Smooth Muscle Enriched Long Noncoding RNA (SMILR) Regulates Cell Proliferation

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Abstract

Background—

Phenotypic switching of vascular smooth muscle cells from a contractile to a synthetic state is implicated in diverse vascular pathologies, including atherogenesis, plaque stabilization, and neointimal hyperplasia. However, very little is known about the role of long noncoding RNA (lncRNA) during this process. Here, we investigated a role for lncRNAs in vascular smooth muscle cell biology and pathology.

Methods and Results—

Using RNA sequencing, we identified >300 lncRNAs whose expression was altered in human saphenous vein vascular smooth muscle cells following stimulation with interleukin-1α and platelet-derived growth factor. We focused on a novel lncRNA (Ensembl: RP11-94A24.1), which we termed smooth muscle–induced lncRNA enhances replication (SMILR). Following stimulation, SMILR expression was increased in both the nucleus and cytoplasm, and was detected in conditioned media. Furthermore, knockdown of SMILR markedly reduced cell proliferation. Mechanistically, we noted that expression of genes proximal to SMILR was also altered by interleukin-1α/platelet-derived growth factor treatment, and HAS2 expression was reduced by SMILR knockdown. In human samples, we observed increased expression of SMILR in unstable atherosclerotic plaques and detected increased levels in plasma from patients with high plasma C-reactive protein.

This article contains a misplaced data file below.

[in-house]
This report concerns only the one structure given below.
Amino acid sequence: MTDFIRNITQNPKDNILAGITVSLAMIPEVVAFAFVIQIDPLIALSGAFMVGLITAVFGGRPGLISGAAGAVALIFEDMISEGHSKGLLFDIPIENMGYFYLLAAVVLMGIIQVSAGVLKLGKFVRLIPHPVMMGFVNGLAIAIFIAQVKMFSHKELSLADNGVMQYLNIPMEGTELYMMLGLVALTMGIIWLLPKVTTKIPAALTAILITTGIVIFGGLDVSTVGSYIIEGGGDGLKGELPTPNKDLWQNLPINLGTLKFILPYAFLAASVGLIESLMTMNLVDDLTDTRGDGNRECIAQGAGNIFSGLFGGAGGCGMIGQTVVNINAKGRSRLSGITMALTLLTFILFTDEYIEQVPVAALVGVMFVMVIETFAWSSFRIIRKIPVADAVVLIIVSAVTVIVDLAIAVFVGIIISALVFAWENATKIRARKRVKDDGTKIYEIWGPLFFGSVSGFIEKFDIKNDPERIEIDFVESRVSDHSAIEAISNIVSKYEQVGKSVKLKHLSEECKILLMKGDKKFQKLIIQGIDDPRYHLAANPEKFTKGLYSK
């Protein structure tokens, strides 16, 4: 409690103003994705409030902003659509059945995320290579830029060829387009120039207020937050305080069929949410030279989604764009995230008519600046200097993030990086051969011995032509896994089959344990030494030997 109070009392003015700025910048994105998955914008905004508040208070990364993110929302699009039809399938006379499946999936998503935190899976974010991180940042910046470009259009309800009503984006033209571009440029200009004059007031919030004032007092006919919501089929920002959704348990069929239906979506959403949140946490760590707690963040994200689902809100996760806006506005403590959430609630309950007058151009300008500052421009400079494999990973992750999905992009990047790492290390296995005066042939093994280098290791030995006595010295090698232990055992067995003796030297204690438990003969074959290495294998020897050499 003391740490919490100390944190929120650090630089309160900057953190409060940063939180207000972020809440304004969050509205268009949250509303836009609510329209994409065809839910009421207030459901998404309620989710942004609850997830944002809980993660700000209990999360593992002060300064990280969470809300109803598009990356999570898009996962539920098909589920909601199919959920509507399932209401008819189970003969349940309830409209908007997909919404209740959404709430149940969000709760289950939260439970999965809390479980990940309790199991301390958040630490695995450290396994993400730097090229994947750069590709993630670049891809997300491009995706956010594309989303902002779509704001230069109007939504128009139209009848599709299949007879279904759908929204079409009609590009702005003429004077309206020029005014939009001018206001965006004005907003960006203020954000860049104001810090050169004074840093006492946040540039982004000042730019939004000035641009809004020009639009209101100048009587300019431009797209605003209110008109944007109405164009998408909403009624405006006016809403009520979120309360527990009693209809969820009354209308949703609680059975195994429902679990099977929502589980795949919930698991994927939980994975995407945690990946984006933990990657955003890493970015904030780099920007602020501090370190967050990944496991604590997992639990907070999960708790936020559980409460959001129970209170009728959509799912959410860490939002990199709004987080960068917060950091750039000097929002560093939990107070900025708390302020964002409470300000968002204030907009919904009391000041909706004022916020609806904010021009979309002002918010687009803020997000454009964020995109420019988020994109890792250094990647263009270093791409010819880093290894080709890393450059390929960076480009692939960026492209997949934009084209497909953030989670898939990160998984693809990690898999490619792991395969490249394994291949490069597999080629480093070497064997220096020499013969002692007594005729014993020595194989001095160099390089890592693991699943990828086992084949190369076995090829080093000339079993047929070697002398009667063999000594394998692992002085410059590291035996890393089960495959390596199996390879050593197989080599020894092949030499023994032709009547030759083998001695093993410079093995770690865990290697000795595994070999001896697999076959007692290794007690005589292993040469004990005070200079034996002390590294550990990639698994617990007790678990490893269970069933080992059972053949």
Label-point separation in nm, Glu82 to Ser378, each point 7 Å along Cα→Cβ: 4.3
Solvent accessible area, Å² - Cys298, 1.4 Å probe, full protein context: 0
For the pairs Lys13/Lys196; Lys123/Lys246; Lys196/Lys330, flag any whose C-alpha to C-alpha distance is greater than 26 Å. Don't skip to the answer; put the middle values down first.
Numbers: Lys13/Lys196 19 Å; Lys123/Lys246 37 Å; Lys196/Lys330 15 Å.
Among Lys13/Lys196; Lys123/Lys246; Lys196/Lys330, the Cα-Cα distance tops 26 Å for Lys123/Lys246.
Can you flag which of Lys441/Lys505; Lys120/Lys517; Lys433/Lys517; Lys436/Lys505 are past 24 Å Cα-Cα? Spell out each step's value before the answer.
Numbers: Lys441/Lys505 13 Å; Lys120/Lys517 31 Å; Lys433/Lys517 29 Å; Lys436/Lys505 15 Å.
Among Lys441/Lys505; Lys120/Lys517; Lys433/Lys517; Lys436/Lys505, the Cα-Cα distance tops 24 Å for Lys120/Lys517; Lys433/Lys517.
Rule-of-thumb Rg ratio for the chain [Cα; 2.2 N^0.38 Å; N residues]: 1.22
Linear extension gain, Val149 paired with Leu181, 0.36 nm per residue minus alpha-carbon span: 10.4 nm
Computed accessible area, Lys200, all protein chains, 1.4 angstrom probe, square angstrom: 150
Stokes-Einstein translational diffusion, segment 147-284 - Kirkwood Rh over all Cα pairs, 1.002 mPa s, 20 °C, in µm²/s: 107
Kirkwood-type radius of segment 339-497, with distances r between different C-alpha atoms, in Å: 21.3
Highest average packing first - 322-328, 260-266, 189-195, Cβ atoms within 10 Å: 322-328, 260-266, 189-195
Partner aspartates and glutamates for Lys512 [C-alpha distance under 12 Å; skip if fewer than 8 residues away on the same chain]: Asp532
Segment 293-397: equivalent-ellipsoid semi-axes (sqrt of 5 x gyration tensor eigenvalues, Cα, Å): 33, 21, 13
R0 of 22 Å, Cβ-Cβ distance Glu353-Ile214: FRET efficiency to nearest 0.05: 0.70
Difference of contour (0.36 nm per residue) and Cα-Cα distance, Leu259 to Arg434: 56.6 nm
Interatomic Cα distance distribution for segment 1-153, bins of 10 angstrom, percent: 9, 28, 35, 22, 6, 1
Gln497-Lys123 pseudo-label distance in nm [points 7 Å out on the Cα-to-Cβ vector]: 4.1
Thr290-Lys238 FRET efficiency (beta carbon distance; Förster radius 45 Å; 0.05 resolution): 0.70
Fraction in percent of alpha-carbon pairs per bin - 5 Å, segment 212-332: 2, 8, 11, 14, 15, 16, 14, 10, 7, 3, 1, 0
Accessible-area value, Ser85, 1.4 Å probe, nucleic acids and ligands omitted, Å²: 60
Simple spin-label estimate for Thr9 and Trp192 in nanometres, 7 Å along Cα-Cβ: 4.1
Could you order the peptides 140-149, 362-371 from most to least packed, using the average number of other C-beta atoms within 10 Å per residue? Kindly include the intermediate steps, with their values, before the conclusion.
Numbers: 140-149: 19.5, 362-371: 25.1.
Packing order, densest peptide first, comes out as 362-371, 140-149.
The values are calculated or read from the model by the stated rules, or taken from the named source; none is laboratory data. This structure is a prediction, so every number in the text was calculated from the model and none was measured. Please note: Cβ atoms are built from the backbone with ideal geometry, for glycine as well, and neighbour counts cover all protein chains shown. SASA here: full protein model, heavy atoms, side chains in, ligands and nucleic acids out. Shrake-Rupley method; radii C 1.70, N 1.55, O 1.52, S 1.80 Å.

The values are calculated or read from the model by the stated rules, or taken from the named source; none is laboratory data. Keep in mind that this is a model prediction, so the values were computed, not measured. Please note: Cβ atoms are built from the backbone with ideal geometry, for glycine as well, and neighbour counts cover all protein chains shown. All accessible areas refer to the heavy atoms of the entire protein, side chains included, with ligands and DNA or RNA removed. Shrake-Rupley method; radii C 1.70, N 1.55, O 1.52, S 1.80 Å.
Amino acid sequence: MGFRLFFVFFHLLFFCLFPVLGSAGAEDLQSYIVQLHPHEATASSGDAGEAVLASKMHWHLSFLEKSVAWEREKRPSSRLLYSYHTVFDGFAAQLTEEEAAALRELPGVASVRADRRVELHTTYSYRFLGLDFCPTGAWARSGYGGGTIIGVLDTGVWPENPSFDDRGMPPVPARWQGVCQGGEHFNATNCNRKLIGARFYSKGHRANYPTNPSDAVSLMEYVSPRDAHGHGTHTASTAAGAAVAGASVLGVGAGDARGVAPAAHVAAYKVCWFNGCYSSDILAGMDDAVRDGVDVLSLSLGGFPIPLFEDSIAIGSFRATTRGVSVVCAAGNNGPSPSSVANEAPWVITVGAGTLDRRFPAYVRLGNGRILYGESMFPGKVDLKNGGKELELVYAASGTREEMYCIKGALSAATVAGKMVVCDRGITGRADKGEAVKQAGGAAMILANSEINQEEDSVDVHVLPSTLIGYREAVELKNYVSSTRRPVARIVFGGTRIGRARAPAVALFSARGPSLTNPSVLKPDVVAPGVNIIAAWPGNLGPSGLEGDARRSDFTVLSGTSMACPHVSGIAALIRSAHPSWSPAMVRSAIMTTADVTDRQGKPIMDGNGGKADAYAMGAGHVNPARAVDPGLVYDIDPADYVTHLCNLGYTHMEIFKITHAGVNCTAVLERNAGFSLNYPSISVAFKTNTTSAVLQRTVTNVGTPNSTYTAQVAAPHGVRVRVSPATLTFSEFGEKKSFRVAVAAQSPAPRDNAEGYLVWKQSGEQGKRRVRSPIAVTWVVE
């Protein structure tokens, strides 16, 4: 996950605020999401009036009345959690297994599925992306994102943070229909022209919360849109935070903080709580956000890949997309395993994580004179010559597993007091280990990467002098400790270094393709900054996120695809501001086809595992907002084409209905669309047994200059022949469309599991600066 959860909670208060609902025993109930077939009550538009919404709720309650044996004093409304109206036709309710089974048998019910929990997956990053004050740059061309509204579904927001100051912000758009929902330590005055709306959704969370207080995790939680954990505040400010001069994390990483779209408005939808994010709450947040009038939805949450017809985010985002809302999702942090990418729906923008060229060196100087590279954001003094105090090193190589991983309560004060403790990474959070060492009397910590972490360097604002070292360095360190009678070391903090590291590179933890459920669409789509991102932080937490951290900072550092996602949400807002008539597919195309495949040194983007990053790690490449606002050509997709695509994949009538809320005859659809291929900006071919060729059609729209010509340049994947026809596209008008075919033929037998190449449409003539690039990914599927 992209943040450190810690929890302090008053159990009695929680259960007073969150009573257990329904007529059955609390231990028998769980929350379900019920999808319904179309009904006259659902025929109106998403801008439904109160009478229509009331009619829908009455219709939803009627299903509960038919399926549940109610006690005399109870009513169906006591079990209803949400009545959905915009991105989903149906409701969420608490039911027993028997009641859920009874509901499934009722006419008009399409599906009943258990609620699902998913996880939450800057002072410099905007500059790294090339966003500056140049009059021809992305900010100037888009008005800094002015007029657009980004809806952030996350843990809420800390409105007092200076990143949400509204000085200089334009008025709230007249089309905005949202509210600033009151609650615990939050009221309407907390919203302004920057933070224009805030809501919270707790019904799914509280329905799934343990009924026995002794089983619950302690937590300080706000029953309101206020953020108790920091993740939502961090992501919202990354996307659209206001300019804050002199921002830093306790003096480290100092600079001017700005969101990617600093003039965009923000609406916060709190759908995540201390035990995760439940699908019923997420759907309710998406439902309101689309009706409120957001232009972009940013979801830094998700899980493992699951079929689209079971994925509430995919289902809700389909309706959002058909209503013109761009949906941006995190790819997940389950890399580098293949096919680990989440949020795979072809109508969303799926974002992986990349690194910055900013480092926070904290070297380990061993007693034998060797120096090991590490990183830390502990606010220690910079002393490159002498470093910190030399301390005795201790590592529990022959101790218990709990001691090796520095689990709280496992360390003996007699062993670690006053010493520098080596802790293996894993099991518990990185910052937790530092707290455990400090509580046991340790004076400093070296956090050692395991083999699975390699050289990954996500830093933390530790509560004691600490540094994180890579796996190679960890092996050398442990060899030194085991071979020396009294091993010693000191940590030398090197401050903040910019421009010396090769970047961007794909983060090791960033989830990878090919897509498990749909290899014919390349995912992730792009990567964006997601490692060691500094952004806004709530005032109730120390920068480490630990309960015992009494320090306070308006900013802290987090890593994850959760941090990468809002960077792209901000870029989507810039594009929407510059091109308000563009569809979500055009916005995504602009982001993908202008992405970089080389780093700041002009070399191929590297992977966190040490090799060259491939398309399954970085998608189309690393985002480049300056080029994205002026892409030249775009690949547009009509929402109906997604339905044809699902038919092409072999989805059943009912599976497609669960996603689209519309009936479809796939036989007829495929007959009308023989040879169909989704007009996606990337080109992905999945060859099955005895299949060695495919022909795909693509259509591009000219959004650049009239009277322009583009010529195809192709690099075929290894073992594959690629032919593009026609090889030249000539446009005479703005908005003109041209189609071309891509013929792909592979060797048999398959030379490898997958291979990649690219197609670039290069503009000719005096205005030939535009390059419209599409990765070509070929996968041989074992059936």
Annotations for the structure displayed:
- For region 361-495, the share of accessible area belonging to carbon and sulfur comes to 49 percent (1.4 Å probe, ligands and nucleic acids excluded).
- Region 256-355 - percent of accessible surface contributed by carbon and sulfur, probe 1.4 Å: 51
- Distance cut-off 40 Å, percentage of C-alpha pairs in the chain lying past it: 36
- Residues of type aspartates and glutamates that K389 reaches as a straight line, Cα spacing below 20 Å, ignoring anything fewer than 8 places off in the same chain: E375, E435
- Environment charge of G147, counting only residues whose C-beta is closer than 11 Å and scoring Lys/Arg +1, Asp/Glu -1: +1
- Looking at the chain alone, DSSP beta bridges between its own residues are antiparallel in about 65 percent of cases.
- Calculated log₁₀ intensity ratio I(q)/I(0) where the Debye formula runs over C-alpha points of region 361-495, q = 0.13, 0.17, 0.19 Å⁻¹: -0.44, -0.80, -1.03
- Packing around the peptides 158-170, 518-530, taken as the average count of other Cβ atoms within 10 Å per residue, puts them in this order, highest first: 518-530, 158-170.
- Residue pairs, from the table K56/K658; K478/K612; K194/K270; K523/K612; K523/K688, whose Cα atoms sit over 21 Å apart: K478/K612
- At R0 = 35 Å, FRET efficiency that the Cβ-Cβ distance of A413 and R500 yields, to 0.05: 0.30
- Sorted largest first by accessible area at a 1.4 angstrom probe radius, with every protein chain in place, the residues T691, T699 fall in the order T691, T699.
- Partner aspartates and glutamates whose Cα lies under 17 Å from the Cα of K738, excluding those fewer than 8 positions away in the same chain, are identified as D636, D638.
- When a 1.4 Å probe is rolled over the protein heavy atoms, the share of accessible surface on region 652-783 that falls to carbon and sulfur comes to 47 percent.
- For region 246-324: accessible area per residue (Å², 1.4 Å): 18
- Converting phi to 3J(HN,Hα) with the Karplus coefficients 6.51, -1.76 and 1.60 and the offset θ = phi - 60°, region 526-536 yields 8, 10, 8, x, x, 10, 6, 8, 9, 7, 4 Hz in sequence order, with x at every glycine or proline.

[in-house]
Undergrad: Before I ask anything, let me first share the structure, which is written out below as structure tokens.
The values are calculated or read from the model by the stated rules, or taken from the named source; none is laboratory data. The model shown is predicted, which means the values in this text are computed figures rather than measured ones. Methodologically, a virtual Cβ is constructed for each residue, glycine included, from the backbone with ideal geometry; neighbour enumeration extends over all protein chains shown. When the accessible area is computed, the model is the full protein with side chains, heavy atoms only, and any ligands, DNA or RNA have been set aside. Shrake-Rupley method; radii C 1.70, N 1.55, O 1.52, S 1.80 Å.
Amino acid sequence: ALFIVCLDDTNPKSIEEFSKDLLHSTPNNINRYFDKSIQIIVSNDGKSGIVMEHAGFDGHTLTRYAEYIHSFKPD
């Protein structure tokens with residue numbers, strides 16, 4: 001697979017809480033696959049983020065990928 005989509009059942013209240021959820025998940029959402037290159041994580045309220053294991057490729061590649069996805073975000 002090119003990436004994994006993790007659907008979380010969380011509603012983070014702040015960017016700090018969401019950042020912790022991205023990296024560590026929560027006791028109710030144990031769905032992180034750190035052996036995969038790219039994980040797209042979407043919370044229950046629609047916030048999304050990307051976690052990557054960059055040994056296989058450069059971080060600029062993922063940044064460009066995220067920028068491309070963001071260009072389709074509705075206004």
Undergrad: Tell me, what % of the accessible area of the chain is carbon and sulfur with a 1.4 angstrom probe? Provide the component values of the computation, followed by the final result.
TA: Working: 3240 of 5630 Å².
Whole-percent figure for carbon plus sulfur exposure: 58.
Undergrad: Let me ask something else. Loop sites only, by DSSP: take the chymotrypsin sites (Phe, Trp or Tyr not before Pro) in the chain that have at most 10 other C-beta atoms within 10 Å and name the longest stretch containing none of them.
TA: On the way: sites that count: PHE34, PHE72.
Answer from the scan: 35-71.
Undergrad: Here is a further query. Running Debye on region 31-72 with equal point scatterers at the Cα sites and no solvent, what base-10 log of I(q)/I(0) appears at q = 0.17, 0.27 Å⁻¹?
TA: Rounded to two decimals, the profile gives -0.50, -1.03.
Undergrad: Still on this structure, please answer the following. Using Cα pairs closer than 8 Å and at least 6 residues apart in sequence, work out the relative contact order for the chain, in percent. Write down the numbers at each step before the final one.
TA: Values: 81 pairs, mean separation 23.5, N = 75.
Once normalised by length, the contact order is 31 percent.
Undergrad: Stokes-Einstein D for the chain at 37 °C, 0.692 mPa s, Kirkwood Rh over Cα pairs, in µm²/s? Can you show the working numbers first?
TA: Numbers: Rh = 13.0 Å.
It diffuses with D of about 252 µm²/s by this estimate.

Conclusions—

These results identify SMILR as a driver of vascular smooth muscle cell proliferation and suggest that modulation of SMILR may be a novel therapeutic strategy to reduce vascular pathologies.

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